Playing Field to Prison Pipeline?

Hank Willis Thomas – “Strange Fruit”

Playing Field to Prison Pipeline?
by David J. Leonard |

In our contemporary moment, sport does much of the ideological work of mass incarceration.  Even more than other forms of popular culture, which peddle in racial stereotypes, celebrate law and order, and turn police into righteous crime fighters, sports has increasingly become a space that is central to maintaining America’s prison nation.  Because of the visibility and cultural resonance of sports, because of the number of African Americans involved in professional sports, and because of the centrality of “American Dream” narratives, sports serve as the public relations wing of mass incarceration.

None of this should be surprising given the racist nature of America’s criminal justice system, and the centrality of race within contemporary discourses.  Public discourses around sports and criminal justice center race.

Writing about basketball, Todd Boyd argues that the NBA “remains one of the few places in American society where there is a consistent racial discourse,” where race, whether directly or indirectly, is the subject of conversation at all times (Boyd 2000, p. 60).  This is equally resonant with football and therefore it is not surprising that racialized conversations of sports and the criminal justice inform one another.

Of course this is nothing new.  According to Elizabeth Alexander, the history of American racism has always been defined by practices where black bodies are put on display “for public consumption,” whether in the form of “public rapes, beatings, and lynchings” or in “the gladiatorial arenas of basketball and boxing.”

Jonathan Markowitz highlights ways in which the sports media contributes to the widespread criminalization of the black body: “The bodies of African American athletes from a variety of sports have been at the center of a number of mass media spectacles in recent years, most notably involving Mike Tyson and O.J. Simpson, but NBA players have been particularly likely to occupy center stage in American racial discourse.”

Whether through the media spectacles surrounding Tyson, O.J. Kobe Bryant, Aaron Hernandez and countless other cases, or the adoration and fear imbued in physical bodies (that which is desired on the field is also that which rationalizes mass incarceration, stop and frisk, and law and order), we see the convergence of the front and back pages.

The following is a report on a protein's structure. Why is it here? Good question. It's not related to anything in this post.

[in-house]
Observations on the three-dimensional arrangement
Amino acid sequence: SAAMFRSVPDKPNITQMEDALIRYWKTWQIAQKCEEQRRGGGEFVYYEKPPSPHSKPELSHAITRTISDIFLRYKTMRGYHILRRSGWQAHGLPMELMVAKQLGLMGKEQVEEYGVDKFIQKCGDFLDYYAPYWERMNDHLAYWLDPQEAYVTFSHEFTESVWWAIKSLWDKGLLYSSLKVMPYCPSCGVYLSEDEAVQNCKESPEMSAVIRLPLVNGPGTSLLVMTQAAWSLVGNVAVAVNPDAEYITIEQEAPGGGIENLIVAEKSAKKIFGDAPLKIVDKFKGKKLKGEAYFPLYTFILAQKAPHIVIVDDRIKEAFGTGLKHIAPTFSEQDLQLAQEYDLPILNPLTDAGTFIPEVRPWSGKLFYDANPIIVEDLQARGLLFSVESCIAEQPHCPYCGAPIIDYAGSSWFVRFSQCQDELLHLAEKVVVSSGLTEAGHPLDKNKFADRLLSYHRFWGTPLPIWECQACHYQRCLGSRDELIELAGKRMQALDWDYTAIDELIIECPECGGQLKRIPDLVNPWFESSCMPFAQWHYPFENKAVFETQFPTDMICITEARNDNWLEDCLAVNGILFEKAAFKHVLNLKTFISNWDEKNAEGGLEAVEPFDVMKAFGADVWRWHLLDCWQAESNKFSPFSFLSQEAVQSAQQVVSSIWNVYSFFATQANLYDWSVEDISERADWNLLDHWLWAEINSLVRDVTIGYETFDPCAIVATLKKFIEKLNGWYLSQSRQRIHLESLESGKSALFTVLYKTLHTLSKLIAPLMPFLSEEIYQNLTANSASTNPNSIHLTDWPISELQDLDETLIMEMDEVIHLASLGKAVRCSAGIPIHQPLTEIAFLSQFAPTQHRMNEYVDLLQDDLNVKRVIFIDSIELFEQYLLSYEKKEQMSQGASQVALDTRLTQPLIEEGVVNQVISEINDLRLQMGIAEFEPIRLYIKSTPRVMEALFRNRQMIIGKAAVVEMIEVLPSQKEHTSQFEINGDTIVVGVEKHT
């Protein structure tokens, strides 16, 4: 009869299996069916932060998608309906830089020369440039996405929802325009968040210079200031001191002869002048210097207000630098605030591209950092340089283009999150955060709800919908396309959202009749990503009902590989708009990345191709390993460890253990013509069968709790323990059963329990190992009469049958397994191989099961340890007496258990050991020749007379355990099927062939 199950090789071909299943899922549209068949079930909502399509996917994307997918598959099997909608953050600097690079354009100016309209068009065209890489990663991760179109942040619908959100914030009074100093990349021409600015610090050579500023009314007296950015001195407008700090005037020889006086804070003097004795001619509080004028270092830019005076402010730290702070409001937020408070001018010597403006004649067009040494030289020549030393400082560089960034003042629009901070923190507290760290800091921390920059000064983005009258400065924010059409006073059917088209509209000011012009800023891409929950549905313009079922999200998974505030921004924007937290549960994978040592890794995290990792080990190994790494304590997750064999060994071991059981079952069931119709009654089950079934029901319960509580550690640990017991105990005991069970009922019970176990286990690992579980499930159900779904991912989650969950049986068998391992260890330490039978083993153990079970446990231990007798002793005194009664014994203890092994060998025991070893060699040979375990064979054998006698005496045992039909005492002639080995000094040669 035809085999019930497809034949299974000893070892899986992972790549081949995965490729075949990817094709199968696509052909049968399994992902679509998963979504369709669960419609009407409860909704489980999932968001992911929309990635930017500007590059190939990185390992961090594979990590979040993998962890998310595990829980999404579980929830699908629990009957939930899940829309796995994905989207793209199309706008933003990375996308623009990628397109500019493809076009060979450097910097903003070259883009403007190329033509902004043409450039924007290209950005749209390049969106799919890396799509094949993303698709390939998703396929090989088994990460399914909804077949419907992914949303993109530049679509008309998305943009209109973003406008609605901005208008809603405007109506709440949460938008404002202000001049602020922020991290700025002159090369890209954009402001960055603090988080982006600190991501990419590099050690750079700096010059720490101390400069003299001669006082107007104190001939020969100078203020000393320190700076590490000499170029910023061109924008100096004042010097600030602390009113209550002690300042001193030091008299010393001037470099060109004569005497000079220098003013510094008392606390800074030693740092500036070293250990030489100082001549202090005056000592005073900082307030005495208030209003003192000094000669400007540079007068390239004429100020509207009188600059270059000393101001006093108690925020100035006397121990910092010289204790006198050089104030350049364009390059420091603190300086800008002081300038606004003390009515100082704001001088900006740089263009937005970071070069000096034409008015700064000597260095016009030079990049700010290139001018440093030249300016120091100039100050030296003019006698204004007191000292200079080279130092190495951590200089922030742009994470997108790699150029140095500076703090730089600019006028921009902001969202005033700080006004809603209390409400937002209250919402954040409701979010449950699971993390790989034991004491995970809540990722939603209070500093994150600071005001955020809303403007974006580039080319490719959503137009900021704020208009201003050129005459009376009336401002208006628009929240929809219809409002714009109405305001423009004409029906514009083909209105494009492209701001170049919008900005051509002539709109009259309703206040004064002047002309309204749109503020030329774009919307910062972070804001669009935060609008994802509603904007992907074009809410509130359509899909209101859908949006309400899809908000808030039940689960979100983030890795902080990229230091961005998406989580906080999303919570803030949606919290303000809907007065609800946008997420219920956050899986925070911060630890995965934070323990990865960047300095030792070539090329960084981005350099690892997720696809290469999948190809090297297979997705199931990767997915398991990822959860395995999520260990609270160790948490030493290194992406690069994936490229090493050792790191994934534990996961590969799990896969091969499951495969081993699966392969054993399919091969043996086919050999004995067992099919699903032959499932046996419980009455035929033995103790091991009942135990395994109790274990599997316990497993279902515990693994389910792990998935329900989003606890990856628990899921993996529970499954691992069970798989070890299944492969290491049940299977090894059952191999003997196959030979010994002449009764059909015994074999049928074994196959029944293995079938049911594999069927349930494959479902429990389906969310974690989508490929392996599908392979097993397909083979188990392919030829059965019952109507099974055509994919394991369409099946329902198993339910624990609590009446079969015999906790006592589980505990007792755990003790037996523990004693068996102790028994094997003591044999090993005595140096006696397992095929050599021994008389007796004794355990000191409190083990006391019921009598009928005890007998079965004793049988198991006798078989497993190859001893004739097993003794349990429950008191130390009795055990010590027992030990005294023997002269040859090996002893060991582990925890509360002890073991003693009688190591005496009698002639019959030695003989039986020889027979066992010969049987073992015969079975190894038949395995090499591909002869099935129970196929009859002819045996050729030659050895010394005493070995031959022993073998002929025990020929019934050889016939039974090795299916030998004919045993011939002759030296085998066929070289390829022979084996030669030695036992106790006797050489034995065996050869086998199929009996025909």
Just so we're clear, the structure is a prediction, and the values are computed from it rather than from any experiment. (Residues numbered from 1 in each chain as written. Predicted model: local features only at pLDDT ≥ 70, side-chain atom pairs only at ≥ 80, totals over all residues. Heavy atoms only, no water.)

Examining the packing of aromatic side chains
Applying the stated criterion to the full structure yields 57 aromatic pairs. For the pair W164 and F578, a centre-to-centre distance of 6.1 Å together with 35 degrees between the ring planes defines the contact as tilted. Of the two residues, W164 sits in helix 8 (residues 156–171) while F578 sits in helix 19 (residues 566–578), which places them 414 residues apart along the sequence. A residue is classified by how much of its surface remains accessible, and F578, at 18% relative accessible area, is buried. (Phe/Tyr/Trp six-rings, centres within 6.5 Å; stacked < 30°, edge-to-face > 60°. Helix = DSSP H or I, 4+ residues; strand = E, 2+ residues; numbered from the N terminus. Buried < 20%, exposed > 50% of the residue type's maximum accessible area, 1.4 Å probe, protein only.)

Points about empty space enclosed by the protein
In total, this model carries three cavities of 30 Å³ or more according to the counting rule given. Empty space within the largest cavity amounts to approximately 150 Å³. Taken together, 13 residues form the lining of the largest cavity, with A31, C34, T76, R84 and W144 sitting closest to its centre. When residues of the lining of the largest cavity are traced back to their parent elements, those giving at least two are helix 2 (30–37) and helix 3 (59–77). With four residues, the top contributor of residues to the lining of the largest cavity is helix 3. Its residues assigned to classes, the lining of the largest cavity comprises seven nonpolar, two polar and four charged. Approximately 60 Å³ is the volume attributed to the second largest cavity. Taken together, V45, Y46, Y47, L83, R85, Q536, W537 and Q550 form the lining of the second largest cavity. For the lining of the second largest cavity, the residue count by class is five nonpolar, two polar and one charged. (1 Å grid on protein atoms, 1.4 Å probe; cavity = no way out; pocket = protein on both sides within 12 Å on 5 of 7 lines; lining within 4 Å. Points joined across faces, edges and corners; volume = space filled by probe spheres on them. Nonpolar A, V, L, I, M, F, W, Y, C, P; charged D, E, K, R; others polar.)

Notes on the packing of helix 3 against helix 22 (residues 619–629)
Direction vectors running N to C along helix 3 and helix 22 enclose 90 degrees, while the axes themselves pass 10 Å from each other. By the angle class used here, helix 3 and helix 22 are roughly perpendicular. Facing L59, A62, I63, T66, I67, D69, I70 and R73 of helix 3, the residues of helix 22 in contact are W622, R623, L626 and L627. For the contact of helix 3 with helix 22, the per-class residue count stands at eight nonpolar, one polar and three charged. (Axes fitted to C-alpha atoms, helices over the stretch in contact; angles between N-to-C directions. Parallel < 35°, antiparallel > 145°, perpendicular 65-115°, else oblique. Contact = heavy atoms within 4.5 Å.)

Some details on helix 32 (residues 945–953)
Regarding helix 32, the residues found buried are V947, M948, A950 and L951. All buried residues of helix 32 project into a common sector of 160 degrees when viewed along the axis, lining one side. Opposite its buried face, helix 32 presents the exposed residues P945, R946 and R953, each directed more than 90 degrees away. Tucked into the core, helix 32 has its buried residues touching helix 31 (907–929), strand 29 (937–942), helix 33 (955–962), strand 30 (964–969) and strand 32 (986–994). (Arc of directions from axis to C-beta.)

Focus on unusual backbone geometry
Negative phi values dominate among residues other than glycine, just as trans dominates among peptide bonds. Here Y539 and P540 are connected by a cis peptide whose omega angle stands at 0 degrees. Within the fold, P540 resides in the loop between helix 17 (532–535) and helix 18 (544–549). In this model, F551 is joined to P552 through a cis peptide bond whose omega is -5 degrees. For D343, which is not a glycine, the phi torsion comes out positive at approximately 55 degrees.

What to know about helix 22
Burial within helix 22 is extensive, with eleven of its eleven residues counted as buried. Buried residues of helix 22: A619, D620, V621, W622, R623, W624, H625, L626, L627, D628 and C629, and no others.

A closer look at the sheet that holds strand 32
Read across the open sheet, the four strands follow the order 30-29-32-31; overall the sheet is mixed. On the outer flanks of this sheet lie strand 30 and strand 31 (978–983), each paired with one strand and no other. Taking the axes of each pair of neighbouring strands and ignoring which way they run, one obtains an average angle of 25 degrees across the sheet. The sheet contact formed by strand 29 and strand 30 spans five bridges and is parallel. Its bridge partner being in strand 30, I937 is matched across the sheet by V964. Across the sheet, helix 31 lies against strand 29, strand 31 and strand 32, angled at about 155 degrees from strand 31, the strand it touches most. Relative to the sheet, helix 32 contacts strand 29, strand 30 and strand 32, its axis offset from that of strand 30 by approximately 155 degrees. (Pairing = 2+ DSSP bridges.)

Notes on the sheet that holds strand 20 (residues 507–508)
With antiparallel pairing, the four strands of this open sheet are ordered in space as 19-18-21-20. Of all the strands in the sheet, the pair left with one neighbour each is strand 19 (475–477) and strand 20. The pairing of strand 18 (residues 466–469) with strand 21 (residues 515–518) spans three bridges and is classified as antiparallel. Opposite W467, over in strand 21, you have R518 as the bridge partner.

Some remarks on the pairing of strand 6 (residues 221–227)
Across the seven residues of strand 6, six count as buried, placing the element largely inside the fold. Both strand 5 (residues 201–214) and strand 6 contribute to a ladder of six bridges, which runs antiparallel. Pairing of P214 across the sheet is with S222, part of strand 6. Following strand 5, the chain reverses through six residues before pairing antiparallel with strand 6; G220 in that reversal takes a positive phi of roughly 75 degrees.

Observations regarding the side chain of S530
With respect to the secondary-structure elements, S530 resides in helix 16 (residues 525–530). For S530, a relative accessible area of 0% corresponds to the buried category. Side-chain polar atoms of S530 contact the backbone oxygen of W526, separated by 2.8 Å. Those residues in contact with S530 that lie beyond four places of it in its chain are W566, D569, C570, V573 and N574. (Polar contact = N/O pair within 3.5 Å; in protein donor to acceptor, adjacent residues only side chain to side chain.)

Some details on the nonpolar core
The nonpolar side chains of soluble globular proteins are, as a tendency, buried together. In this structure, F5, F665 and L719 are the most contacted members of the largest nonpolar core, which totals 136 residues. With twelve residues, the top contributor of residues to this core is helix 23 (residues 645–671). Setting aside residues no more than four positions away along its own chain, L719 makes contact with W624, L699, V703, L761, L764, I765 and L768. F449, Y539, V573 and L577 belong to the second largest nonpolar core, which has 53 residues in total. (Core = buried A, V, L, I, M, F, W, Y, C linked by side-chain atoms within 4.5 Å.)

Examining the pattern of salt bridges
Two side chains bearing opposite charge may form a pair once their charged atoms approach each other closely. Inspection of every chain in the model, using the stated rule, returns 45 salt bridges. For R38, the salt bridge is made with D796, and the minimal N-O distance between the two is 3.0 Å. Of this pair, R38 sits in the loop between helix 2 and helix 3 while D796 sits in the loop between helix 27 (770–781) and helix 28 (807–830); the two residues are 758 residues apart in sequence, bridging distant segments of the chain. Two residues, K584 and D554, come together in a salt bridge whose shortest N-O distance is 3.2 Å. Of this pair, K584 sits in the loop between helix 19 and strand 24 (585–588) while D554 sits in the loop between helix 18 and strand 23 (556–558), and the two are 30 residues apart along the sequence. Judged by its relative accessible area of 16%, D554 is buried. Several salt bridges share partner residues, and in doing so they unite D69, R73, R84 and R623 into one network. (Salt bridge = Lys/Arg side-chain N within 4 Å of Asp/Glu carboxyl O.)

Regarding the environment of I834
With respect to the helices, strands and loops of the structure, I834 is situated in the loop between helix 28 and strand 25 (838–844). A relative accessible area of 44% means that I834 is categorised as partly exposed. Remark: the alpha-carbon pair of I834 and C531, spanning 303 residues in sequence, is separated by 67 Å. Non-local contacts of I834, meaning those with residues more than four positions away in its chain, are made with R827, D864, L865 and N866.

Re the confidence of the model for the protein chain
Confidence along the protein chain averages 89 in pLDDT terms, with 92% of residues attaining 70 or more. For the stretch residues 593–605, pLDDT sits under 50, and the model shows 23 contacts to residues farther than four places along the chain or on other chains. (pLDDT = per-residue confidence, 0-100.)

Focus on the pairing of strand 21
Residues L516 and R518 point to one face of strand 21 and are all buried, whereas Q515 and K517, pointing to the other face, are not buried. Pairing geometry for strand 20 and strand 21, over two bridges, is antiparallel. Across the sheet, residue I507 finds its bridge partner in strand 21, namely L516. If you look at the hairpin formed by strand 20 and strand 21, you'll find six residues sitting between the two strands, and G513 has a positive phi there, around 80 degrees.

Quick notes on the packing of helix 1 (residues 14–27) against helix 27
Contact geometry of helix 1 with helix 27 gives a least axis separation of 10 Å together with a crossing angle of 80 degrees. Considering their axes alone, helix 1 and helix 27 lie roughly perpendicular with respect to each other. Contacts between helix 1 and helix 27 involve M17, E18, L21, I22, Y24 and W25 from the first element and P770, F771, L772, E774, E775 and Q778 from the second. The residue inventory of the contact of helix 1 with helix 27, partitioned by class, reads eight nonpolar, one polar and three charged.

Not coincidently, the increased focus on law-breaking athletes mirrors the integration of sports (and the rise of America’s prison nation).  That is, as collegiate and professional sports became more integrated, sports media and fans began to show an increasing concern about “criminal athletes.”  This is especially the case in a post-1980s context, whereupon President Reagan seized upon the death of Len Bias to expand the racialized war on drugs.

Since then, and with proliferation of ESPN industrial complex, there has been an immense focus on crime and athletes, giving credence to the widely circulated ideas about the pathology of blackness.   The shared language of “discipline” and the administering of punishment for those who violate the rules of society/sports further illustrates the convergence of the sports and the (in)justice system.

If sports are central to the prison industrial complex, ESPN represents the CEO of its public relations firm. Given the longstanding role of the Disney Corporation in circulating dehumanizing images, it should be of little surprise that ESPN is doing the ideological grunt work of contemporary racism and mass incarceration.

Whether publishing articles about drugs and Oregon football, or sensationalizing each and every traffic stop involving a (black) athlete (never mind issues of pretext stops and racial profiling) or becoming the mouth piece for bringing law and order to a post-Palace Brawl NBA, ESPN has been a willing partner in the prison industrial complex.

In recent weeks, ESPN has turned this job over to Jason Whitlock. This is the same man who once refereed to Serena Williams as an “unsightly layer of thick, muscled blubber, a byproduct of her unwillingness to commit to a training regimen and diet that would have her at the top of her game year-round.”  Fear and loathing of black youth jumps off his pages; the same sort of stereotypes and narratives that rationalize stop and frisk, and shoot first mentality that plagues this nation.